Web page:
Cycles in the application’s data flow can be hard to reason about and therefore become prone to unexpected bugs. Once loops in our app’s data flow emerge, the application state might change in a time-sensitive manner and it becomes more unclear to which extent one function that mutates data “wins” over another.

To avoid having to manage cyclic data flows in Ember apps, DDAU emphasizes a clear, unidirectional data flow.

An Example of DDAU

Let’s take a look at a specific example. Let’s imagine we’re building an application that has a /profile route. On the profile page user can change the language in which they view the app to be e.g. Portuguese instead of English.

In the /profile route we can pass down the user data to the related context:

// app/routes/profile.js
import Route from '@ember/routing/route';

export default Route.extend({
  model() {
    return this.get('store').findRecord('user', 1);
  },
});
// app/controllers/profile.js
import Controller from '@ember/controller';

export default Controller.extend({
  languages: ['en', 'zh', 'hi', 'es', 'pt', 'fr', 'it', 'de'],
});

As we build along this feature we might want to create a language-picker component which offers a UI for changing to the user’s language settings.

{{! app/templates/profile.hbs }}
{{language-picker user=model languages=languages}}

The language picker displays the user’s current language choice and a list of different locales a user is able to choose from:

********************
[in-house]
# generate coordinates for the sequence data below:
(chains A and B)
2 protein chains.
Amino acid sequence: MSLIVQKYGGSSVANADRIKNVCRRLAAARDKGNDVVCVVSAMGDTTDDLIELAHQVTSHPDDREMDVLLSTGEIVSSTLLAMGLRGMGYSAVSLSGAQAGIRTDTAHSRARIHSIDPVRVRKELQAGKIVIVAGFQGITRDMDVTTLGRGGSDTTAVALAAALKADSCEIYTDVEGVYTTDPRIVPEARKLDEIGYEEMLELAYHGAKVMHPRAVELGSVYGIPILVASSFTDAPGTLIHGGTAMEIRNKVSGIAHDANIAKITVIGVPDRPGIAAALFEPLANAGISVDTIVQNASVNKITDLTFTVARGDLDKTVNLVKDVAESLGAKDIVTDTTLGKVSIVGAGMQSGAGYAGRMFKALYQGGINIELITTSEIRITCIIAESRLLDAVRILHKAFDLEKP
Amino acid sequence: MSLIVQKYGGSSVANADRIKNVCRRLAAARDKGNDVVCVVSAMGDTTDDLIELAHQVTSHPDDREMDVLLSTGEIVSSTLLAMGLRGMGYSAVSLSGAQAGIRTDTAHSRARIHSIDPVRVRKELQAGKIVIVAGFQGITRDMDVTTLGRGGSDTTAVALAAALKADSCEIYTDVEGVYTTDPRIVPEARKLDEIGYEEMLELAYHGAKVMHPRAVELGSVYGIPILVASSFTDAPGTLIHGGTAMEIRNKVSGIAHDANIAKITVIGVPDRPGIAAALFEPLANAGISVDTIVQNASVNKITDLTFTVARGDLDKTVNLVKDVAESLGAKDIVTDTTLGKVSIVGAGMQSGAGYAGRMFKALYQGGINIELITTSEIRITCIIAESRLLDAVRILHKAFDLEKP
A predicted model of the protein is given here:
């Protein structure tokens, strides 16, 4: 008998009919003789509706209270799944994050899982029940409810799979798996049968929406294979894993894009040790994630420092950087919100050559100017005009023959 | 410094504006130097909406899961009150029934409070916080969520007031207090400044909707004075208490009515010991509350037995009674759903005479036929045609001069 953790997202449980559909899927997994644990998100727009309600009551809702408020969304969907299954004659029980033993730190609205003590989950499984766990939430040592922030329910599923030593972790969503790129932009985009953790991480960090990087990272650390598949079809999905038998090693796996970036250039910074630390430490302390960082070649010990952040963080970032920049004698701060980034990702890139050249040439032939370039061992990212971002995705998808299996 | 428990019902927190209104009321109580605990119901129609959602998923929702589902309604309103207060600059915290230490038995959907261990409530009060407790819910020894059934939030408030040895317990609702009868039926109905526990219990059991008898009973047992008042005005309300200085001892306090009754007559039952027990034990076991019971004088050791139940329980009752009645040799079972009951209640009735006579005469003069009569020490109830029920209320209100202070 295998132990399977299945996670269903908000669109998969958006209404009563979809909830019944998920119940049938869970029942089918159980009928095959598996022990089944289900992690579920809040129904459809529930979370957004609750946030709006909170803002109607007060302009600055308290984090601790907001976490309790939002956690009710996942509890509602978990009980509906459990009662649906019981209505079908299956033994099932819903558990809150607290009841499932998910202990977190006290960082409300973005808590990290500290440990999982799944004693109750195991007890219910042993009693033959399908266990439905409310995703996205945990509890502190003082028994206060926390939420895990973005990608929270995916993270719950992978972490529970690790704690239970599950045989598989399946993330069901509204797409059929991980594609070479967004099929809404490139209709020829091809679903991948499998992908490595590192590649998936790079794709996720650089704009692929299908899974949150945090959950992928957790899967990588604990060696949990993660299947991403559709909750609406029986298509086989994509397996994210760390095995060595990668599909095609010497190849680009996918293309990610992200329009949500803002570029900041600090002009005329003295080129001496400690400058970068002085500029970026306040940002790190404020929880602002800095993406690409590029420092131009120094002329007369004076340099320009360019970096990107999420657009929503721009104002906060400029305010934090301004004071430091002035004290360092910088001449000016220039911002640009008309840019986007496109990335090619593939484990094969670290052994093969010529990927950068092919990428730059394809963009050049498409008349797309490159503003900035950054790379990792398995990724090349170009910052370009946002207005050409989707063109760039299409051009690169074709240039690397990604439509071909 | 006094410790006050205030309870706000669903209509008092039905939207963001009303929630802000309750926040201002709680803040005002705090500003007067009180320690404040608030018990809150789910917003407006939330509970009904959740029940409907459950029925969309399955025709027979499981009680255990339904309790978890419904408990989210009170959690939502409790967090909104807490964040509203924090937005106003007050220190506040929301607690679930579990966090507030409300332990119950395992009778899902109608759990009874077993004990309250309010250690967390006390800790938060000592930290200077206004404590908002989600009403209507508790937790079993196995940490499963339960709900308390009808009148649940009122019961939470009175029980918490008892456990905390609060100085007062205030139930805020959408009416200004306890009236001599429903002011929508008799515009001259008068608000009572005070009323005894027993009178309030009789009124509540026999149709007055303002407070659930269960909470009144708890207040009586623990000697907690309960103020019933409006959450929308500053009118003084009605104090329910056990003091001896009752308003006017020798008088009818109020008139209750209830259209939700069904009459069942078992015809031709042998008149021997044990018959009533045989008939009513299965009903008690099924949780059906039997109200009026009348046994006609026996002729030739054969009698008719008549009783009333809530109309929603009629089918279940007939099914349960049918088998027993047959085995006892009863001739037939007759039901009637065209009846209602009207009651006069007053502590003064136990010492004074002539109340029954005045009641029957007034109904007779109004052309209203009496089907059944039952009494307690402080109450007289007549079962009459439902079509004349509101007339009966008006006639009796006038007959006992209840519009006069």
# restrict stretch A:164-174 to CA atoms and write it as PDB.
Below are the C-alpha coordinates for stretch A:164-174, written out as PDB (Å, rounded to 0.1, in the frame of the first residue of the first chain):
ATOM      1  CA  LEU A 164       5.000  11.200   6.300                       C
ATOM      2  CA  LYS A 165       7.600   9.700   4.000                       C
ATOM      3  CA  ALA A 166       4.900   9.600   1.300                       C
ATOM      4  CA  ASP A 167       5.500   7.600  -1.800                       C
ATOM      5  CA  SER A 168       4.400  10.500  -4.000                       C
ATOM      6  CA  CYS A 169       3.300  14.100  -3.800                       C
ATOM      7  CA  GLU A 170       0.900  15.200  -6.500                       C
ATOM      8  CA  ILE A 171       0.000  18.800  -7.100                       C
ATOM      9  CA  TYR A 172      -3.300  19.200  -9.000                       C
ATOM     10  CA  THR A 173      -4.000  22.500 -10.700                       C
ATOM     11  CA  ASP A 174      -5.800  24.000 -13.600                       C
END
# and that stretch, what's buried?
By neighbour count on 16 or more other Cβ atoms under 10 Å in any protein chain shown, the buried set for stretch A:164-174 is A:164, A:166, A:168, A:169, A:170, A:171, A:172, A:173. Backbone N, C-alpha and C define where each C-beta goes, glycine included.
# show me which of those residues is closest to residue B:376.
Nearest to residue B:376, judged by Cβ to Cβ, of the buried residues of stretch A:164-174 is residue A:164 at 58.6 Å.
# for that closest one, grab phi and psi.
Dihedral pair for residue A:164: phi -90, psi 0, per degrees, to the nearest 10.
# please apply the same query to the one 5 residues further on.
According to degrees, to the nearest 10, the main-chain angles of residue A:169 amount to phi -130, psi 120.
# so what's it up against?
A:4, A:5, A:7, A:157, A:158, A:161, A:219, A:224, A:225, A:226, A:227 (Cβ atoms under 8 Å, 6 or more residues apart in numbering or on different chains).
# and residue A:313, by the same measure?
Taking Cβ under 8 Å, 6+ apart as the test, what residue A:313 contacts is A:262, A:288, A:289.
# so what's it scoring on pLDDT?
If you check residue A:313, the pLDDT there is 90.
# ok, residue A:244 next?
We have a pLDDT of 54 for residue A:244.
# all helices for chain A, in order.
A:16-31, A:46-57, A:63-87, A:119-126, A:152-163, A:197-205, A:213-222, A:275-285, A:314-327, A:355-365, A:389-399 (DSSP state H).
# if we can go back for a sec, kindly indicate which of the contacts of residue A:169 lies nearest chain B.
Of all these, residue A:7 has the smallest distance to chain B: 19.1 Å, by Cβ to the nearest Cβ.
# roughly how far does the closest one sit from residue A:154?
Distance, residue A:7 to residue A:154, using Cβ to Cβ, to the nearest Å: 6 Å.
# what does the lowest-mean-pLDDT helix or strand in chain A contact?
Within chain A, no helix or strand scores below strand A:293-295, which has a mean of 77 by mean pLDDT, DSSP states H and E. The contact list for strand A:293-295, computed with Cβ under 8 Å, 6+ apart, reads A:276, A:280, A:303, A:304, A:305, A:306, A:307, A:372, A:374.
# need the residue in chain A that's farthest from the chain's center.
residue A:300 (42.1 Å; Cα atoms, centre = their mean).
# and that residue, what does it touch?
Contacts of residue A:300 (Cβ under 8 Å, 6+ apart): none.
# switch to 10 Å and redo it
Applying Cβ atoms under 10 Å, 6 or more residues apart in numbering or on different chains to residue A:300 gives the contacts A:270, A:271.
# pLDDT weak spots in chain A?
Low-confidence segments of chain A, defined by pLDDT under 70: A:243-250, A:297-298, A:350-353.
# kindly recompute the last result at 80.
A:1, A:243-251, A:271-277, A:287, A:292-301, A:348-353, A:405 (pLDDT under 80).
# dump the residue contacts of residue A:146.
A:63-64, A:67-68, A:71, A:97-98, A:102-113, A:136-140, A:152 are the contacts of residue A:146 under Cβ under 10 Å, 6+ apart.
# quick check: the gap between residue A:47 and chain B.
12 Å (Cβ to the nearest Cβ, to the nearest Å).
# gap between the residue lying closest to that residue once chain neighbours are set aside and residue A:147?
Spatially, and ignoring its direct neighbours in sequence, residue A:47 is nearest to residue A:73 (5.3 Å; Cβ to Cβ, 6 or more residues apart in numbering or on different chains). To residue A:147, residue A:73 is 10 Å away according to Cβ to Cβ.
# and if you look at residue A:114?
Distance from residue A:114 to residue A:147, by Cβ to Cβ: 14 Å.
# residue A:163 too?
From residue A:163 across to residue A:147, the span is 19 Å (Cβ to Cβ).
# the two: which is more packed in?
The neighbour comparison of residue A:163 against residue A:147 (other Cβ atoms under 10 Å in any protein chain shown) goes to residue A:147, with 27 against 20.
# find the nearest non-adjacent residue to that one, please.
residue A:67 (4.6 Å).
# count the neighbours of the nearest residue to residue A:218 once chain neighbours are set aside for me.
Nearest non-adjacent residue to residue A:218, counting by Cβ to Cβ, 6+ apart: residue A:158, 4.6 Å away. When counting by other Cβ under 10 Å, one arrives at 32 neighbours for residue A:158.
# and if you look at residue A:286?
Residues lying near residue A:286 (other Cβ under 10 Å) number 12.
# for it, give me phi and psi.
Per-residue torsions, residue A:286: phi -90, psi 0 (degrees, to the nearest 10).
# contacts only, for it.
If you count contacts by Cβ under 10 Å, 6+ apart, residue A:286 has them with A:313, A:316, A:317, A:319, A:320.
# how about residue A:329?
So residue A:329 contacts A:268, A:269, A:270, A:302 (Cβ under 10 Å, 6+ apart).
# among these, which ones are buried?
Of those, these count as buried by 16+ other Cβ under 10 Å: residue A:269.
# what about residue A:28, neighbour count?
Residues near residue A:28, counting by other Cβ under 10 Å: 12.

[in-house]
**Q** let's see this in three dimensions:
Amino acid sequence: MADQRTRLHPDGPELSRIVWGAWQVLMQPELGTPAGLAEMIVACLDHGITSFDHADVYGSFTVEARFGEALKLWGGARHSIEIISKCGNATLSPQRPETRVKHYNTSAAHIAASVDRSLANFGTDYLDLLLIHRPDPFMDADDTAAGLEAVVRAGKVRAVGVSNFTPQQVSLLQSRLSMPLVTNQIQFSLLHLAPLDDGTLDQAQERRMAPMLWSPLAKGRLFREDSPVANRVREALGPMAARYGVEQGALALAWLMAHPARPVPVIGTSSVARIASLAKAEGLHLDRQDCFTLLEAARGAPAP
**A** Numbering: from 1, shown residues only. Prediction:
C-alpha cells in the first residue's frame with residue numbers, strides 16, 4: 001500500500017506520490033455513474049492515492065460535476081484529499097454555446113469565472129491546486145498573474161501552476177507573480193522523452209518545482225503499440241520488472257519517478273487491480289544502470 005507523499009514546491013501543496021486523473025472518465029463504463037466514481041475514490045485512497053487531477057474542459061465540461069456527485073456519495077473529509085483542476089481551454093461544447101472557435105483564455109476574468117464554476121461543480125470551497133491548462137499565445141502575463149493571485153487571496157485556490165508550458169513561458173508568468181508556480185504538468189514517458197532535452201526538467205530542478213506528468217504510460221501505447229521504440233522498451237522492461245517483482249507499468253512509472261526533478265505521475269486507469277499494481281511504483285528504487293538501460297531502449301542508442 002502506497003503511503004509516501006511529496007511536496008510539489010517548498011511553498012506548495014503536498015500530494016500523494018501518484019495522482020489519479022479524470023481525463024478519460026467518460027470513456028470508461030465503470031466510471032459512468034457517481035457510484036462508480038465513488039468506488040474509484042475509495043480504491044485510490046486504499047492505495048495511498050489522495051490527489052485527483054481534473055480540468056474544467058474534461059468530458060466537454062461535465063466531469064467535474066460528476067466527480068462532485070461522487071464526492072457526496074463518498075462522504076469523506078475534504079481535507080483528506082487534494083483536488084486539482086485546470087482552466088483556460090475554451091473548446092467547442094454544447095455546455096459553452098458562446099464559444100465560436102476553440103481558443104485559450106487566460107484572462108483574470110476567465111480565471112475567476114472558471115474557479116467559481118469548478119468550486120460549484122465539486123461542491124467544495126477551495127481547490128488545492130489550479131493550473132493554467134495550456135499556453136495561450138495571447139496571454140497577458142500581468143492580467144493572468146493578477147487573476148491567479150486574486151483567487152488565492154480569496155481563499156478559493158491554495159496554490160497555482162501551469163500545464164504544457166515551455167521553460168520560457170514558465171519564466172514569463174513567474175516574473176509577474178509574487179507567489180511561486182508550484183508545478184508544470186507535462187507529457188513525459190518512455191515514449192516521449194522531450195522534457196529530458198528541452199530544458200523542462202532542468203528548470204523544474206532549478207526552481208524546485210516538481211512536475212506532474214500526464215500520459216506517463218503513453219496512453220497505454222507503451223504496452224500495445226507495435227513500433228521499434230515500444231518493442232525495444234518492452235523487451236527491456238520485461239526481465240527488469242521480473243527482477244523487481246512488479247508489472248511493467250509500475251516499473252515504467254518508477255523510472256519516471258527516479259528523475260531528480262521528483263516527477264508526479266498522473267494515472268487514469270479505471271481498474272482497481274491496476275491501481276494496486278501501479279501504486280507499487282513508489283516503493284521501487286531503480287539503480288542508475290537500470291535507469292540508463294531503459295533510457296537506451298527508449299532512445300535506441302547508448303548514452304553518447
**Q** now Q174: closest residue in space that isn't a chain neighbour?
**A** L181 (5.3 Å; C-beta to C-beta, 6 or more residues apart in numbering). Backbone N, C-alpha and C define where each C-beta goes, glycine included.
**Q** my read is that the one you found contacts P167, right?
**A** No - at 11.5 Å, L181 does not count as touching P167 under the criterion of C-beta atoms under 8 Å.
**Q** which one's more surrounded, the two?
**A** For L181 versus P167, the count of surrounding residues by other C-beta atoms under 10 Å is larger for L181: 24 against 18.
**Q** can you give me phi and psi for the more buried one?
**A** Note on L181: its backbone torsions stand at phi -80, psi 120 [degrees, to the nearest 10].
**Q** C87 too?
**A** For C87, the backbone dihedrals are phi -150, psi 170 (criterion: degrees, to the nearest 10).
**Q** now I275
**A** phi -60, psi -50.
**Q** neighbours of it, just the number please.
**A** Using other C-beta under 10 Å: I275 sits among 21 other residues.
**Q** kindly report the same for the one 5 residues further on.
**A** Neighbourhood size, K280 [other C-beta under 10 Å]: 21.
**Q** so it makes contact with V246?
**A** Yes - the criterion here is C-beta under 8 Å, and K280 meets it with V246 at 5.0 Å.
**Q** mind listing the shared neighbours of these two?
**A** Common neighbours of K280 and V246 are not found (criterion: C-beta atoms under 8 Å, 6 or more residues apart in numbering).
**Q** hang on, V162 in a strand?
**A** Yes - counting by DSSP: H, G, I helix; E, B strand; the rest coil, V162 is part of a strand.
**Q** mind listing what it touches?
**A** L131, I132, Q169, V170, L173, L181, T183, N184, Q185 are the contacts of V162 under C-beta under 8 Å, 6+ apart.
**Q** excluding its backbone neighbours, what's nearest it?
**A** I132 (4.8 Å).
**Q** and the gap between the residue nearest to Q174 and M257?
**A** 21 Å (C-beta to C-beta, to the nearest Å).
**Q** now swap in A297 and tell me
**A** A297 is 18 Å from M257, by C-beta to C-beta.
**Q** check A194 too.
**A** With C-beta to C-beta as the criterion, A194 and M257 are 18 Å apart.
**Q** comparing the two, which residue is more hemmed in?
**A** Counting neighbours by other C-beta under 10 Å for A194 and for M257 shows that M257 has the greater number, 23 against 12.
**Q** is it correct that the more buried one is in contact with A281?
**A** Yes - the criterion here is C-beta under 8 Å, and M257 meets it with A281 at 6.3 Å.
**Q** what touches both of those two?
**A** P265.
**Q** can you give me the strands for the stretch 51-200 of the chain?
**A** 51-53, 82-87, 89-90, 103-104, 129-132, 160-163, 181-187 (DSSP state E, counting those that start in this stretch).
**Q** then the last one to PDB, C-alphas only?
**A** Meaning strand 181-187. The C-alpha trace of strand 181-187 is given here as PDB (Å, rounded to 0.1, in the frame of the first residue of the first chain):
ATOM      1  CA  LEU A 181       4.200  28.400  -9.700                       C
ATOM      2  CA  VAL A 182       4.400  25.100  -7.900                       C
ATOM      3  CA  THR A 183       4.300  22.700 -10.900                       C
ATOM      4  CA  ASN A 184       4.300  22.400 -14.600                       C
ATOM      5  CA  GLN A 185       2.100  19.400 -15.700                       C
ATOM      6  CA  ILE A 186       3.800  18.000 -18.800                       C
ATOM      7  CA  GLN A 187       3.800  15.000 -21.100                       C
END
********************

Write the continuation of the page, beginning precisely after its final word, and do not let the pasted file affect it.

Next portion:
// app/templates/components/language-picker.hbs
<p>Current Language: {{user.selectedLanguage}}
<select>
  {{#each languages as |language|}}
    <option value={{language}}>{{language}}</option>
  {{/each}}
</select></p>

And once a language is selected, it will 1. set the correct locale for the web app and 2. update the user settings to reflect that choice. We could handle all of this in an action - let’s call it updateLanguage inside of the language-picker component itself:

import Component from '@ember/component';

export default Component.extend({
  languages: null,
  user: null,
  actions: {
    updateLanguage(ev) {
      let language = ev.target.value;
      this.setupTranslations(language);
      this.set('user.selectedLanguage', language);
    },
  },
});

And subsequently attach this action to the language-picker:

// app/templates/components/language-picker.hbs
<p>Current Language: {{user.selectedLanguage}}
<select  onchange={{action "updateLanguage"}}>
  {{#each languages as |language|}}
    <option value={{language}}>{{language}}</option>
  {{/each}}
</select></p>

So far, so good. Yet, we can already see one problem with this approach: This component is only built for one specific use case - the setting of the user locale - and cannot be reused in other parts of the app easily. If we wanted to make this component reusable, we’d need to make sure that any changes to the application state when changing the language are not handled inside of the component itself, but in the external context instead.

We can do so by extracting this data mutating functionality and passing it down from the data owner to the component as a callback. This action can be triggered through the component once the value of the select element changes. It will then be invoked on the parent (the profile controller in this example):

// app/controllers/profile.js
import Controller from '@ember/controller';

export default Controller.extend({